Newest “blog” post by “me”

I was listening to the 80s channel on my XM radio today, and a song by .38 Special came on. Normally, I’d be lunging to change the channel because, ugh, .38 Special, but today, I noticed something first. Their song was titled “Hold On Loosely.” Do you see that? Loosely. They used an adverb in their song title, and they used it correctly.

Ah, bliss. Even if it was a crappy song.

See, I get grumpy about grammatically incorrect things or things that are deliberately misspelled. Yeah, I’m a little obsessive-compulsive on this front. I admit it. But I always notice, and it always bugs me.

The biggest offender for me is the fast food industry. I cannot abide “drive-thru.” Blech. It took a lot of effort me to even type that phrase. It’s so wrong. It even looks ugly. I don’t like “lite” instead of “light,” either. Heaven forbid that I have to go through a drive-thru and order a lite item. I can’t even enjoy it at that point. And it’s not like these people just aren’t good spellers. They did that on purpose. They can’t even say that they deliberately misspelled these things so they could copyright them, a la the Krispy Kreme folks. They just like to be all quik and EZ. (Yes, I’m being sarcastic again. I know. Shocker.)

And there was this commercial for a Tunica, Mississippi casino that aired back in the late 1990s in the Memphis area that David and I still joke about it. A bunch of scantily clad girls are sitting in a locker room, ostensibly changing their sweaty workout clothes after exercising. One woman says meaningfully, “I went to Sad Desperate Casino last night and got lucky…” One of her friends says, “Oh yeah? How lucky?” And the first girl leers and says, “Reeeeeeeal lucky.” I’m not going to say that everyone who went to Sad Desperate Casino used bad grammar because I know for a fact that they didn’t—I, er, have friends who really did go there and, um, really did get lucky–but geez. Would it have been that hard for the girl to say “Reeeeeeeeally lucky”? Just tack on a nice quick “ly” at the end? To make up for the tacky innuendo and the super-tight shiny spandex?

Hey, I heard that! I heard you muttering “pedant” under your breath!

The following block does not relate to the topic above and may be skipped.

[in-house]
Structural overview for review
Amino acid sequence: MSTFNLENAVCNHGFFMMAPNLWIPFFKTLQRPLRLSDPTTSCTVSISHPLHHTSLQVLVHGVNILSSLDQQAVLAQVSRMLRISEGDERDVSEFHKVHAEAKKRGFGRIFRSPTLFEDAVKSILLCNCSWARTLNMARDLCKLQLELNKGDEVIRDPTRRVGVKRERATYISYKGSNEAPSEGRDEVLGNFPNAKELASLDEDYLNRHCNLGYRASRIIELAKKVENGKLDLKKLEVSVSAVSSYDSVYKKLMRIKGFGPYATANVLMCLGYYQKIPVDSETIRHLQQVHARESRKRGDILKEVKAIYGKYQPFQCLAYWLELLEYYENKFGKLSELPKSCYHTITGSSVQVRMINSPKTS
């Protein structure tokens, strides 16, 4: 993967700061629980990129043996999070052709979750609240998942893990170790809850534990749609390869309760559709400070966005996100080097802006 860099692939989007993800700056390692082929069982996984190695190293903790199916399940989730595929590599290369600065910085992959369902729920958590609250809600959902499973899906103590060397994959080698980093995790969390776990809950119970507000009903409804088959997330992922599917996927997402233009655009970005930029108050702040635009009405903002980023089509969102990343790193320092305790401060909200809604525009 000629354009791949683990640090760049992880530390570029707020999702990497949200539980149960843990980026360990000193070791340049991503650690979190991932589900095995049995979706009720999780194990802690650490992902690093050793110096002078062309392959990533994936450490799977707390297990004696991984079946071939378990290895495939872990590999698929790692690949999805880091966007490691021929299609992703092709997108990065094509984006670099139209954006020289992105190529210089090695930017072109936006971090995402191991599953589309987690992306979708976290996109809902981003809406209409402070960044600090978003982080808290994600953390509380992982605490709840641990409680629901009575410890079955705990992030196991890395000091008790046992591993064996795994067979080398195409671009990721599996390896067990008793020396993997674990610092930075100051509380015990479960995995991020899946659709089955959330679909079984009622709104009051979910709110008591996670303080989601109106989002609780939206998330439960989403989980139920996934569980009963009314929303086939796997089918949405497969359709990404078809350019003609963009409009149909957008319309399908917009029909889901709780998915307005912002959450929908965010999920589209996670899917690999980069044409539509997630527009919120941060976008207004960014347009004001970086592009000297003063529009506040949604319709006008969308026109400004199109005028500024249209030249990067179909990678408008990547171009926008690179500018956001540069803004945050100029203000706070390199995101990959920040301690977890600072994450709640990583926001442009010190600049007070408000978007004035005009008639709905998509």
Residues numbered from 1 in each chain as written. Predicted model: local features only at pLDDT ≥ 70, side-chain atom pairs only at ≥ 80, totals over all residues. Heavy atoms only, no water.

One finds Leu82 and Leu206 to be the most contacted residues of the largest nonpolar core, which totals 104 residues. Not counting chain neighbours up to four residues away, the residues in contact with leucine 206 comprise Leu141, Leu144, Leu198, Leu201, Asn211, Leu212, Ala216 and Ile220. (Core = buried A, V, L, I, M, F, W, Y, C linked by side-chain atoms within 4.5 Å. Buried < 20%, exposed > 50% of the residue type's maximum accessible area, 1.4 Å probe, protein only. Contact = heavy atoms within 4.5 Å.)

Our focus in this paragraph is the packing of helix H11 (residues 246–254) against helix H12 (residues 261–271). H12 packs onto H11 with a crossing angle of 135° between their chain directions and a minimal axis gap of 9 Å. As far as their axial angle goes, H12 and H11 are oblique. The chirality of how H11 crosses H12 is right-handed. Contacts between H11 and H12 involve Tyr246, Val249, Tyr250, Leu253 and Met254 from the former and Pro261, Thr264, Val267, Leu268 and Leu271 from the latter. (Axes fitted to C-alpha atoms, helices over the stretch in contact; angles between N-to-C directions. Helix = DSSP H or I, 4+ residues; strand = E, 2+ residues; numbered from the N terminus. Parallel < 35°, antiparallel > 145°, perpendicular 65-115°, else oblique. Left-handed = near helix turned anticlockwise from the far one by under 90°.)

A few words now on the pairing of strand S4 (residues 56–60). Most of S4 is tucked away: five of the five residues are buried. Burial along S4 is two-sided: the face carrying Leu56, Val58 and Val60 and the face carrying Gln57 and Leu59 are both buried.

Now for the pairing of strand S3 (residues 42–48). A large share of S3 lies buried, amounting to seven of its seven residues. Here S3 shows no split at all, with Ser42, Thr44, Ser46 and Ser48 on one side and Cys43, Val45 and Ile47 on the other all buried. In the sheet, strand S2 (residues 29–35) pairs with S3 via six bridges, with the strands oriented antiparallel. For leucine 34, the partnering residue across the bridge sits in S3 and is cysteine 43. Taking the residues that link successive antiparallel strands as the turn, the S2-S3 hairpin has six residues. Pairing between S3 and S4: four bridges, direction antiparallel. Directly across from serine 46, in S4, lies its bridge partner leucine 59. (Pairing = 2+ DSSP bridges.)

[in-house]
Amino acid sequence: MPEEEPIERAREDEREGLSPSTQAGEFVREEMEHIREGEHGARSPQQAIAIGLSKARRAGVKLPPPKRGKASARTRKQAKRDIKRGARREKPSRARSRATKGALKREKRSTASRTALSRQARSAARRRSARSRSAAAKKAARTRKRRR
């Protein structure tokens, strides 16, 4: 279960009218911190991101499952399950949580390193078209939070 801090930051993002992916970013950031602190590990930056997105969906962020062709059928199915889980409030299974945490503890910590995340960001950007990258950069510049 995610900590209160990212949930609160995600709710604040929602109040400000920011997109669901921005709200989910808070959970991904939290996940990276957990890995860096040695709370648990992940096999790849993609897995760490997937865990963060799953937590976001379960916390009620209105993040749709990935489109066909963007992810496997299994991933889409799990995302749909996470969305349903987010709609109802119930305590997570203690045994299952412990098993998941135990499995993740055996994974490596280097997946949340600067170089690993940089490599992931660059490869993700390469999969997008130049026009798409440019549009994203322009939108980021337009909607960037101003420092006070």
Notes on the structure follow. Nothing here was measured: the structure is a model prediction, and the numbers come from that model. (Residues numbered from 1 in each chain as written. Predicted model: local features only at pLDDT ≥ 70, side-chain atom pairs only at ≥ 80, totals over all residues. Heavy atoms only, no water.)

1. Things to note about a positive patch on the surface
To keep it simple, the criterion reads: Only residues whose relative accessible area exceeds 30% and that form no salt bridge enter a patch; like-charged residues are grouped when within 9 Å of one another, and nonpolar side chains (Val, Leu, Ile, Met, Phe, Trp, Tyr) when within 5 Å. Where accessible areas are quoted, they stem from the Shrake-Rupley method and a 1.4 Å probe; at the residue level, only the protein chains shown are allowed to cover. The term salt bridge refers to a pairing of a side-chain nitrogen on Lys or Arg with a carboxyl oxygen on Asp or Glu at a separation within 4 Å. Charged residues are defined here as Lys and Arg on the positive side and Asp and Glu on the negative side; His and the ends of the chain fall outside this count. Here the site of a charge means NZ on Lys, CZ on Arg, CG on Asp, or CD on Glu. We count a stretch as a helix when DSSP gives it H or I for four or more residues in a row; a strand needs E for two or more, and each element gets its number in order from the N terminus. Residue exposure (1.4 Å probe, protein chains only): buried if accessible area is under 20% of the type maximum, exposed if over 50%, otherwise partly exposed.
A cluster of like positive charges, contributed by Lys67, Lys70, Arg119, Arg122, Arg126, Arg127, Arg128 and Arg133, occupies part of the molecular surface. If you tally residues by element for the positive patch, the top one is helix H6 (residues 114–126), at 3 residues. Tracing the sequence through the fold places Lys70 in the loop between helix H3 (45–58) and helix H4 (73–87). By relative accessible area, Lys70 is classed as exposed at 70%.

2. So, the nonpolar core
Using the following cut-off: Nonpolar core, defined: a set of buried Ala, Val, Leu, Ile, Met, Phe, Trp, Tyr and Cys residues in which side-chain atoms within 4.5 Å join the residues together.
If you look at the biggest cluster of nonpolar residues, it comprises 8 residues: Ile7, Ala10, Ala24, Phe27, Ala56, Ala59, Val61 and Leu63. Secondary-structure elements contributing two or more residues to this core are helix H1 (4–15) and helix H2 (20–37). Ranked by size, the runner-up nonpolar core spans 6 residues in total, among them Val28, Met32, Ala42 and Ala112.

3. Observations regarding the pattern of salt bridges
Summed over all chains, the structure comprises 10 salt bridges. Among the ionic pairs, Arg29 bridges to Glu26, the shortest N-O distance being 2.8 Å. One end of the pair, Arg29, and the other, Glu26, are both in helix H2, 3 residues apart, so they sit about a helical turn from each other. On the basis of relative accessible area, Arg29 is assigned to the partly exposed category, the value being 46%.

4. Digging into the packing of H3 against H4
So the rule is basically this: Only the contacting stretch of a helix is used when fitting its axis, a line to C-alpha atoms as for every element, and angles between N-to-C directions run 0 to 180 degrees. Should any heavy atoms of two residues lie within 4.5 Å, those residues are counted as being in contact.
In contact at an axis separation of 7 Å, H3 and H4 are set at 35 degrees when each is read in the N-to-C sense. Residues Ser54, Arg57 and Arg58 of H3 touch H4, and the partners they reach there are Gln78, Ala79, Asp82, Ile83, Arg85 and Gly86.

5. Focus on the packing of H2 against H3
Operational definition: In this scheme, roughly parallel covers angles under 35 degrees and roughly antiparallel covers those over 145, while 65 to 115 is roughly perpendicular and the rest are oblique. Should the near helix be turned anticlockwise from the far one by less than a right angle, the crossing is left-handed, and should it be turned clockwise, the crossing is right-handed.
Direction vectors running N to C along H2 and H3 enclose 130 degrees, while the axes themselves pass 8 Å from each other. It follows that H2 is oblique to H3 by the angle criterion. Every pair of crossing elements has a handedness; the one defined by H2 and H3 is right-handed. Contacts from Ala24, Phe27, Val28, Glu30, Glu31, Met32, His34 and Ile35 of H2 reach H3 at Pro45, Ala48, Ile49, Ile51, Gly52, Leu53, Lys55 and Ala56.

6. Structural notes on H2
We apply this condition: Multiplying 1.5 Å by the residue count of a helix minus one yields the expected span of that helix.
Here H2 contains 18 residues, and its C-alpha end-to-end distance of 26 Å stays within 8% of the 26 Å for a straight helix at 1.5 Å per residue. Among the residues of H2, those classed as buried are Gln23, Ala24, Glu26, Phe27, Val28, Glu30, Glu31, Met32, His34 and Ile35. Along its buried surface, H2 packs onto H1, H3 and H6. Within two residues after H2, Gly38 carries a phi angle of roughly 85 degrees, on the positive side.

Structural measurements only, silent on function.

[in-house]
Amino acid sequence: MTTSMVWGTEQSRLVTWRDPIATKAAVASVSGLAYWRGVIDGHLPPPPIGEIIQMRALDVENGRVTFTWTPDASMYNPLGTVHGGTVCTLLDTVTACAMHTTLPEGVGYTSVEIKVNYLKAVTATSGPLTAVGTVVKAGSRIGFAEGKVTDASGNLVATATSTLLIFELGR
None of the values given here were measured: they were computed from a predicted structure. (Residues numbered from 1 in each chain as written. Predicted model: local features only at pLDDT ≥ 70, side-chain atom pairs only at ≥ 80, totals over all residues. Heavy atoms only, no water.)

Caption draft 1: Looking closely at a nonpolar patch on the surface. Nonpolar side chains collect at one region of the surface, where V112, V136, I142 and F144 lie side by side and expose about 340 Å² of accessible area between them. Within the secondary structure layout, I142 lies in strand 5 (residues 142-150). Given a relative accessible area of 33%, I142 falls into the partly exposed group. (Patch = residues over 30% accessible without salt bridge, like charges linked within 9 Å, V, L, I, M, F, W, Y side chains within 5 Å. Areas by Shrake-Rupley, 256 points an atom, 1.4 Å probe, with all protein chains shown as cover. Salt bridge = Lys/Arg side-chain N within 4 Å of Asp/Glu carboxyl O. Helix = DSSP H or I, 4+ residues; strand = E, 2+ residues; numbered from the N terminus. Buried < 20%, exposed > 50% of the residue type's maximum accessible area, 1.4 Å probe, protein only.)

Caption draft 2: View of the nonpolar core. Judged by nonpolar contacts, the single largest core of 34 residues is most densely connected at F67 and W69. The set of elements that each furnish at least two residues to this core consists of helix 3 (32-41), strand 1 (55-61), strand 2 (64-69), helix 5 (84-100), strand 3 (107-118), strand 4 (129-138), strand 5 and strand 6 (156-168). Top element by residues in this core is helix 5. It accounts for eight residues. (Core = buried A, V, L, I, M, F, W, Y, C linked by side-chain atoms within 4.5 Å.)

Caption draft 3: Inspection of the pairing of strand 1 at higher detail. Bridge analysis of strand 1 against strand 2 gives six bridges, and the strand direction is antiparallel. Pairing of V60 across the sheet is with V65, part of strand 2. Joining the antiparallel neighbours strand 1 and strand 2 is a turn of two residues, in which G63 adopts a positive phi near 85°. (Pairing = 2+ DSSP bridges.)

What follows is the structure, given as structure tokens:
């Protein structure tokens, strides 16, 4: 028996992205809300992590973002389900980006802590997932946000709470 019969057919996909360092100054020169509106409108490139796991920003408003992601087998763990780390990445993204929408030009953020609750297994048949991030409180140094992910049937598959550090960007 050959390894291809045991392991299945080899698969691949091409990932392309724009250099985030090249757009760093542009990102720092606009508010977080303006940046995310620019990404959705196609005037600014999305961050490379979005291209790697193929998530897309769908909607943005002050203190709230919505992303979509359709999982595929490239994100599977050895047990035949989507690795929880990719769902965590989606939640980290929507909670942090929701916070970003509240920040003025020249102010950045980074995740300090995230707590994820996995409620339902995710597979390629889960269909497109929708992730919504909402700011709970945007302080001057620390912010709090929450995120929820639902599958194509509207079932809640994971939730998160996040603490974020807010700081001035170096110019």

I don’t like misused puncutation marks either. I loved the book Eats Shoots and Leaves. And I was delighted to happen across the blog Apostrophe Abuse and (hee hee) the “blog” of “unnecessary quotation marks. Ah, my people. When I was in college, I volunteered as a group leader at a youth conference at the Montreat Conference Center in North Carolina, and the ice machine down the hall from my room had a sign with a really egregious example of punctuation abuse posted on it:
Do Not Put Your Hands in “THE” ice machine. Huh? Why was “the” put in quotation marks, and why was it capitalized, too? It was a mystery. A grating, annoying mystery. The ice was good, though.

Okay, I’ll stop ranting now. Please, go forth and use adverbs and punctuation marks judiciously.

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About jenniferlarsonwrites

I'm a freelance writer and editor based in Nashville, Tennessee. I have a master's degree in journalism from the University of Maryland and a bachelor's degree in English from Rhodes College. I'm a born-and-bred Southerner who spent a few years in Southern California, a rabid baseball fan and a would-be grower of tomatoes. You can also visit me at LinkedIn or on Twitter at @JenniferLarson.
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One Response to Newest “blog” post by “me”

  1. Elizabeth (aka Flower) says:

    My daughter had her first horse show a couple of weeks ago, and she had to wait a long time for her turn. I asked her, “Baby, how are you doing?” And she said, “I’m doing really well, Mommy.” I got chill bumps. Not because she was being so patient, but because she said “well” instead of “good.”

    So, you are not alone, hon!

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